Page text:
“It was my grandmother, Sighle Humphreys, who taught me Irish and when I asked her one day what the word for hole was, she replied: ‘Do you mean one dug into the ground by an animal? That’s an uachas. Or one made by fish in a sandy riverbed for spawning? That’s a saothar. Or if it’s been hollowed out by hooves of beasts and then filled by rain it’s a plobán. Or if a lobster is hiding in one it’s a fach. Or if it’s been created as a hideaway by a wild beast it’s a puathais.’”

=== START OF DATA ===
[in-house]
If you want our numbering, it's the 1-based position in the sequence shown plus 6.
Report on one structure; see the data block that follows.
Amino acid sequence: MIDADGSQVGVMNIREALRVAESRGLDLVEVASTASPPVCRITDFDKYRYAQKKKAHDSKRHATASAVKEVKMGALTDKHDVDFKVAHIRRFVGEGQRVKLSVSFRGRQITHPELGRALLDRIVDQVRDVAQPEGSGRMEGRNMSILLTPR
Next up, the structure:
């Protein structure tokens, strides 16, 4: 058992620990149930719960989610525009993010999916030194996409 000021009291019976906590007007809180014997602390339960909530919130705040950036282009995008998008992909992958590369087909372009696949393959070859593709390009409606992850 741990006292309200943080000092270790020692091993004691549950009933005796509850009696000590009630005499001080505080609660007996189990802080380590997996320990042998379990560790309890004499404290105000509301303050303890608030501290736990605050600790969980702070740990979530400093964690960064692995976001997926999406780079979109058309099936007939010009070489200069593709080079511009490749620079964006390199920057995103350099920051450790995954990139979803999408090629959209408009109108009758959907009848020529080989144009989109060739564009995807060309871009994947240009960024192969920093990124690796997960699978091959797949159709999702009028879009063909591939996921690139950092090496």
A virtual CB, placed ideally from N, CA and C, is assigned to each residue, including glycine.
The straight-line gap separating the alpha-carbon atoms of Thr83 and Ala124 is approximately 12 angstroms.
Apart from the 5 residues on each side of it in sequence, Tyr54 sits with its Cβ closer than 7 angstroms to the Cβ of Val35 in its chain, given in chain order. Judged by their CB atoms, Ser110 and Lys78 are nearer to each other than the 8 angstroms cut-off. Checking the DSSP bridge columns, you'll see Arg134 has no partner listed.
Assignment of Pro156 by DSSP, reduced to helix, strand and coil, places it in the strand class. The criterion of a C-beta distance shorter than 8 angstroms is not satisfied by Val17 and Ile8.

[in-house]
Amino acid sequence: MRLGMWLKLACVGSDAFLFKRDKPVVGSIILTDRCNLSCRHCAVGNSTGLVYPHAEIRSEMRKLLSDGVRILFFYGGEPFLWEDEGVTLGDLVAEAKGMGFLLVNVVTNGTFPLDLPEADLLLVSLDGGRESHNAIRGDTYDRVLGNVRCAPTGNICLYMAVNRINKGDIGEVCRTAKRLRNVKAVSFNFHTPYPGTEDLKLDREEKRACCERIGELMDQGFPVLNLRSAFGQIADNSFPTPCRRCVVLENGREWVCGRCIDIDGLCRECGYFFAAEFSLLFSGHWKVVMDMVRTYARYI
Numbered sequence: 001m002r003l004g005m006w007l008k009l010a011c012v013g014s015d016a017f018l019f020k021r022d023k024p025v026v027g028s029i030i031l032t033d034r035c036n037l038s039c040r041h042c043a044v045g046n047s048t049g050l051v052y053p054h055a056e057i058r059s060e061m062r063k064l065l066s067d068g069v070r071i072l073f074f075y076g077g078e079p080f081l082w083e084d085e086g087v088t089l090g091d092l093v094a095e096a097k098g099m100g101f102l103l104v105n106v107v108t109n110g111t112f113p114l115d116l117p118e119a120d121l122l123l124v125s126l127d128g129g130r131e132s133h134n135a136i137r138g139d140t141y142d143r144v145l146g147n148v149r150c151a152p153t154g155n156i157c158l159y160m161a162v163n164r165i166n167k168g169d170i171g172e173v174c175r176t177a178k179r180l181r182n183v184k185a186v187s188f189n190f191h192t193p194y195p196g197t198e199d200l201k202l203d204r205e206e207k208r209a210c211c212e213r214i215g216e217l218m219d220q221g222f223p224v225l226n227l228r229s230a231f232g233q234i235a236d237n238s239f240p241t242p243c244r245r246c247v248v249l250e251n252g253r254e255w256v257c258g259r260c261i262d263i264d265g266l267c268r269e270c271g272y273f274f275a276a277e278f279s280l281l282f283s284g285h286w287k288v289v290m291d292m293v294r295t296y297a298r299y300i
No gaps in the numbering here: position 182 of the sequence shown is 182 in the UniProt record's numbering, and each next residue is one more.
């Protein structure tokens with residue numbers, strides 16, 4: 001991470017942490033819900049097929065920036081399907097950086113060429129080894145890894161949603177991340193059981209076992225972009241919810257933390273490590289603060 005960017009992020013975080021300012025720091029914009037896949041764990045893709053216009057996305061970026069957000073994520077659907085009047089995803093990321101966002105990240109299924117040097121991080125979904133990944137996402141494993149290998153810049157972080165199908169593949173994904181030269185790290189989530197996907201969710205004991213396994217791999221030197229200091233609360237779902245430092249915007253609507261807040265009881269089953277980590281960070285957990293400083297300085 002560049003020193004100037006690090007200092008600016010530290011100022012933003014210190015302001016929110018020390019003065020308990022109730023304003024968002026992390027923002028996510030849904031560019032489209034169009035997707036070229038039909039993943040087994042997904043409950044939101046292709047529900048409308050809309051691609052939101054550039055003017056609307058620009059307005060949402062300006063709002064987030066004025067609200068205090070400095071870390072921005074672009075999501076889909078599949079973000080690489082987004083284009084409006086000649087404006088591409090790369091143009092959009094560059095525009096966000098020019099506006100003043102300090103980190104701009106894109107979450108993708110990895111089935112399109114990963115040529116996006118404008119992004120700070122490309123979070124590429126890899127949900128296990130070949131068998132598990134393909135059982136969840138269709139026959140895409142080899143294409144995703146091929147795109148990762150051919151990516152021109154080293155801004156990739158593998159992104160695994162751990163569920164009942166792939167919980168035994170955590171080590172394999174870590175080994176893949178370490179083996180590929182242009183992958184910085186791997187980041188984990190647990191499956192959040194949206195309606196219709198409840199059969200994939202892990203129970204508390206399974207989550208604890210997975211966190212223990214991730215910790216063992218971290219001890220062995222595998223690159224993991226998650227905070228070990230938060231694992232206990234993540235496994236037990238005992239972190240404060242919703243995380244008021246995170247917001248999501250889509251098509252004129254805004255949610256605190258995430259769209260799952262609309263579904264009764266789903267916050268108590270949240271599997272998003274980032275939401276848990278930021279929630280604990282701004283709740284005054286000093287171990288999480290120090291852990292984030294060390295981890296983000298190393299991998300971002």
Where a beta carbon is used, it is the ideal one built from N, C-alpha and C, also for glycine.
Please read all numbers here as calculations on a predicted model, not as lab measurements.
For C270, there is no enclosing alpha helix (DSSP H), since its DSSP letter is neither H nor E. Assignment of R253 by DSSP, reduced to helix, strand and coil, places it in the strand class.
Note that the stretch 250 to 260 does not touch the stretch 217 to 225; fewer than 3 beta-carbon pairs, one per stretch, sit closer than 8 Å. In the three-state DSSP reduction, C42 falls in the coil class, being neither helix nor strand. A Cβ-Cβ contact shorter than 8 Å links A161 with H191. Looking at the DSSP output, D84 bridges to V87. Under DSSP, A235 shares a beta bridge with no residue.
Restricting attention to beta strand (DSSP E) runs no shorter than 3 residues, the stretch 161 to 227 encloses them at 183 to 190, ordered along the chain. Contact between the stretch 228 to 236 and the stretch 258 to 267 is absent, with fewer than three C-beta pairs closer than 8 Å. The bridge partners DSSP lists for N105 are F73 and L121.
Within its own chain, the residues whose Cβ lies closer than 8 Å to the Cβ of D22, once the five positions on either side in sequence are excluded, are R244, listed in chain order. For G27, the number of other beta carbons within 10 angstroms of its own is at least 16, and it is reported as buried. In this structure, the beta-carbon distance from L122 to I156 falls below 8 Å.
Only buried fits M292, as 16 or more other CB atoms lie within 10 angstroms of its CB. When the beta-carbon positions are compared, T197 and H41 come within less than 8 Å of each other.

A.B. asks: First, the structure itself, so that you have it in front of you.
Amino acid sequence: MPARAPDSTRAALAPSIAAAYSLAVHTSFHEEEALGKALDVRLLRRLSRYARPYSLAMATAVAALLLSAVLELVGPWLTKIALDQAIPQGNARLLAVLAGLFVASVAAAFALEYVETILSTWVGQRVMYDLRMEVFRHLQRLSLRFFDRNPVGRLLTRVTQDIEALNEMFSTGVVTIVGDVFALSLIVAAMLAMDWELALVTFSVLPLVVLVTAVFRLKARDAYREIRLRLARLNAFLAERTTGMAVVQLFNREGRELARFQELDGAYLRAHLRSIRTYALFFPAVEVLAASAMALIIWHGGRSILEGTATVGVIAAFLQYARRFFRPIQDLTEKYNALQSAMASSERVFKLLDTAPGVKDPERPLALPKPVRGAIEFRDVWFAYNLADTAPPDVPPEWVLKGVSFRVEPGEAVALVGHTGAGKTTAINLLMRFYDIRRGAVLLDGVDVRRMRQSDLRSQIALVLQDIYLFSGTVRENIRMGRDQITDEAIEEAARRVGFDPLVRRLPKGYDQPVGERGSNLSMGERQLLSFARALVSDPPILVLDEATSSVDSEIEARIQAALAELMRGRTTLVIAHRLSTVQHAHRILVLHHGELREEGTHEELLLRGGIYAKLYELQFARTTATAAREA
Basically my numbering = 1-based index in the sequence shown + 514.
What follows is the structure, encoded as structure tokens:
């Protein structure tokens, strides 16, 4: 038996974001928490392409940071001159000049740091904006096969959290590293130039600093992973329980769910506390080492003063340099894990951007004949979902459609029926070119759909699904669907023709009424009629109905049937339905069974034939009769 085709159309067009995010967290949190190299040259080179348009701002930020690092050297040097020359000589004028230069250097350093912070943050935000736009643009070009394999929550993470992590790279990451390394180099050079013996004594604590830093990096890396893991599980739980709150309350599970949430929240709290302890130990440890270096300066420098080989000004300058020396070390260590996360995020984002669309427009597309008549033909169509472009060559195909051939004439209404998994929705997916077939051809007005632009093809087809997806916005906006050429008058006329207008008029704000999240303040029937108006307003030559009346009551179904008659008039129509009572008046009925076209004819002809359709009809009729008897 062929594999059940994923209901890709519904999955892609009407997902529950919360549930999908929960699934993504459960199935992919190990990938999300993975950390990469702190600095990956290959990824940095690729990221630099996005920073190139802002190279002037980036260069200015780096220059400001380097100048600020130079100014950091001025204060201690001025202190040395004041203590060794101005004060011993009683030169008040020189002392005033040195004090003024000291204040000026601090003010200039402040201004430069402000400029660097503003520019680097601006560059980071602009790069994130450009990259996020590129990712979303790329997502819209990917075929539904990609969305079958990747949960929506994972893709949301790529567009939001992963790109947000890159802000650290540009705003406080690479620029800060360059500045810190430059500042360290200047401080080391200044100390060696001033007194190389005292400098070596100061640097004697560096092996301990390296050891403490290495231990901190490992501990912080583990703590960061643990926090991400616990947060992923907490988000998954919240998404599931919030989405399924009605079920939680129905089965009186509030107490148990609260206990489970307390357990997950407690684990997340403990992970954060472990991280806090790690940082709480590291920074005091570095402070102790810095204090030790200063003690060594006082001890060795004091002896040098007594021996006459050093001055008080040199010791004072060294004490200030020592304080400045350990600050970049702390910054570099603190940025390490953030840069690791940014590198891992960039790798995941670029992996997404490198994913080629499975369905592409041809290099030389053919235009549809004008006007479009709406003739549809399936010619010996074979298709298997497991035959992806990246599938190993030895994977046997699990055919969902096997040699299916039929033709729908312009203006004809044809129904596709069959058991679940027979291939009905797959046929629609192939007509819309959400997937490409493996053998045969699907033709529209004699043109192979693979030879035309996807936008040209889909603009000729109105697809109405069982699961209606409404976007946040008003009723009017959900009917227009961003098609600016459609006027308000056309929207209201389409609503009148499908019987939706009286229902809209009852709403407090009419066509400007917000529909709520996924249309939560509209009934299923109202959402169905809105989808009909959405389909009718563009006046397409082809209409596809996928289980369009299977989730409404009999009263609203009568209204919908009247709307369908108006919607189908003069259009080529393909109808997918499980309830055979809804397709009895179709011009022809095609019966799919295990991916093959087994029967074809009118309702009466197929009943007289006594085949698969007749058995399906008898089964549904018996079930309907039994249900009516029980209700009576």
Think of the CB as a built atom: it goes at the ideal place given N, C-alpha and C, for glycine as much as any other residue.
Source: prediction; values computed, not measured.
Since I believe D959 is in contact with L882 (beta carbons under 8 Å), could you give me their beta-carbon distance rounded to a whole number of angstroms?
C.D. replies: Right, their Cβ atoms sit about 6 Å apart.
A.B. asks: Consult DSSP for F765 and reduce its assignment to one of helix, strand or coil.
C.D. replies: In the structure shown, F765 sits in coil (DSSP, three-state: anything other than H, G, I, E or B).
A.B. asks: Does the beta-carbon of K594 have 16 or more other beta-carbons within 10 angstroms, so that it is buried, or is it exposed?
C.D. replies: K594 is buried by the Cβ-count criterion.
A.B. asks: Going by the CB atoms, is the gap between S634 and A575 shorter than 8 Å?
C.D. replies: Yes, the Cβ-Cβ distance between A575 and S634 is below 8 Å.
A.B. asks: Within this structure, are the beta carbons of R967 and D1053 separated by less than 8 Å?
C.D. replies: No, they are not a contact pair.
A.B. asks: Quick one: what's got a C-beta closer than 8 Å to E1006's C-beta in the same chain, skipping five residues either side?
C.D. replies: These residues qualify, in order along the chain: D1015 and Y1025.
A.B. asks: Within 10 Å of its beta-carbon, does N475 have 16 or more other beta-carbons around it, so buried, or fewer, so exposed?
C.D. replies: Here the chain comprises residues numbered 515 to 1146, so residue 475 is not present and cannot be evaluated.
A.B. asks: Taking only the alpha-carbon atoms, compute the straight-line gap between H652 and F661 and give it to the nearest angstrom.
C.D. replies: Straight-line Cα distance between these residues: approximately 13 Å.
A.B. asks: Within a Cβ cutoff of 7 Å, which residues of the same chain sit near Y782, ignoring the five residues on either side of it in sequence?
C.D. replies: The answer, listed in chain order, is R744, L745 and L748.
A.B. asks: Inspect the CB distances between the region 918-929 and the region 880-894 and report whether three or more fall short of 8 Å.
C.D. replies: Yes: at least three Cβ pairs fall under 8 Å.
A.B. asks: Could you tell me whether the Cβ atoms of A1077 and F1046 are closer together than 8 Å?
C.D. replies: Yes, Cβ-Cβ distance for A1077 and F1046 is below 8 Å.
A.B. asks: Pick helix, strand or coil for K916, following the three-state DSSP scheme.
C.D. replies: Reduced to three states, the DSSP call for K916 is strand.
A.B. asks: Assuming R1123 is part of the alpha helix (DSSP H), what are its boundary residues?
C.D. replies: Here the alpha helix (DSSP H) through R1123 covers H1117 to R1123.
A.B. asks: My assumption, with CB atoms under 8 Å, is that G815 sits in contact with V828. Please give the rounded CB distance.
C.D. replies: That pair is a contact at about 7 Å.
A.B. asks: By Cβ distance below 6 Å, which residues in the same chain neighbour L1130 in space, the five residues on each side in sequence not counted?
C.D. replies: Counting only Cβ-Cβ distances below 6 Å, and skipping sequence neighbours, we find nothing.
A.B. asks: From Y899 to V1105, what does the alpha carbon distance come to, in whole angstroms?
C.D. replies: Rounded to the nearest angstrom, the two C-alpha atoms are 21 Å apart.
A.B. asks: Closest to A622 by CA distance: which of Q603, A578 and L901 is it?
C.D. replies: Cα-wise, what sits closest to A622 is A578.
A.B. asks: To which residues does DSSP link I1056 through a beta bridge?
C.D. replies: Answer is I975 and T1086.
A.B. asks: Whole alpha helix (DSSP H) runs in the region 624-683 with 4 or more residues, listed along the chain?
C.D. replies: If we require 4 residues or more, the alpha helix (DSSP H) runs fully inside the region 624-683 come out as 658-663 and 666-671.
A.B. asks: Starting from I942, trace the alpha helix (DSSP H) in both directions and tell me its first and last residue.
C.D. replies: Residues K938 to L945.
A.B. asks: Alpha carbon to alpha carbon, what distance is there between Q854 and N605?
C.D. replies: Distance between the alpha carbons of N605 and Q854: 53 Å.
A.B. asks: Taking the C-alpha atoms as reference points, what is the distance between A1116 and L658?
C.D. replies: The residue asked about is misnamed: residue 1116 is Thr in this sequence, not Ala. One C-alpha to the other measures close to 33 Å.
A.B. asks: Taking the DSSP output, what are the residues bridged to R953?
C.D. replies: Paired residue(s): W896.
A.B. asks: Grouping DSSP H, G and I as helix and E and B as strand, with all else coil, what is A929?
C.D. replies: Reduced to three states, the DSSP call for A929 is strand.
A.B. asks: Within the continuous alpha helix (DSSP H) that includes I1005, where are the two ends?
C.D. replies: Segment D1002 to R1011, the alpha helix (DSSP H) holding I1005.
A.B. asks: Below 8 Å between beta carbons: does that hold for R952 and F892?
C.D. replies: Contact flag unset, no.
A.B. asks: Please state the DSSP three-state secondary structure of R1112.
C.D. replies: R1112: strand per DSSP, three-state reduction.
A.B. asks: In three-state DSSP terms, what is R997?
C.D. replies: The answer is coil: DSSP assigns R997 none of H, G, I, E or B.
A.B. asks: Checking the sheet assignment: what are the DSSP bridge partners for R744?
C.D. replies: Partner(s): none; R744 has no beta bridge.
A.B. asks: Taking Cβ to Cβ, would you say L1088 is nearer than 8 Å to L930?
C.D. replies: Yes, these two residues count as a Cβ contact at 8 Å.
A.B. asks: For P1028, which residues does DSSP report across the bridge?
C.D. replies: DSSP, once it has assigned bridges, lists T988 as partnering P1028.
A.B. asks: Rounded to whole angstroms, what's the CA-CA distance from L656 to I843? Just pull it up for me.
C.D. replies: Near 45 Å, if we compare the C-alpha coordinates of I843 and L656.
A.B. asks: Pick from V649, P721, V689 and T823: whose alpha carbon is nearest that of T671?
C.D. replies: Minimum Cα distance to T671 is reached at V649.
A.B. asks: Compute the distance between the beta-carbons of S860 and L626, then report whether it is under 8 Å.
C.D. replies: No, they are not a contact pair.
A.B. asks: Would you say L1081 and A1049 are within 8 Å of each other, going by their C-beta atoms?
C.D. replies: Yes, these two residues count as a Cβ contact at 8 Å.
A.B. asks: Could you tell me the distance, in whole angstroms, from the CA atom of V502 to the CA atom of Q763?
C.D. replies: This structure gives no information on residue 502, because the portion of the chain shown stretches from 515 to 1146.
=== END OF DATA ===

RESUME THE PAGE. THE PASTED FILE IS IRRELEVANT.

Manchán Magan connects language to landscape and routes it back to our beating hearts in Thirty-Two Words for Field, his exploration of the wisdom and insight encoded in words.
Like a saunter on a soft day, he guides us down etymological boreens (bóithrín) always hand-holding and assuring that we will be all the better for the journey we embark upon.
Cover illustration by Steve Doogan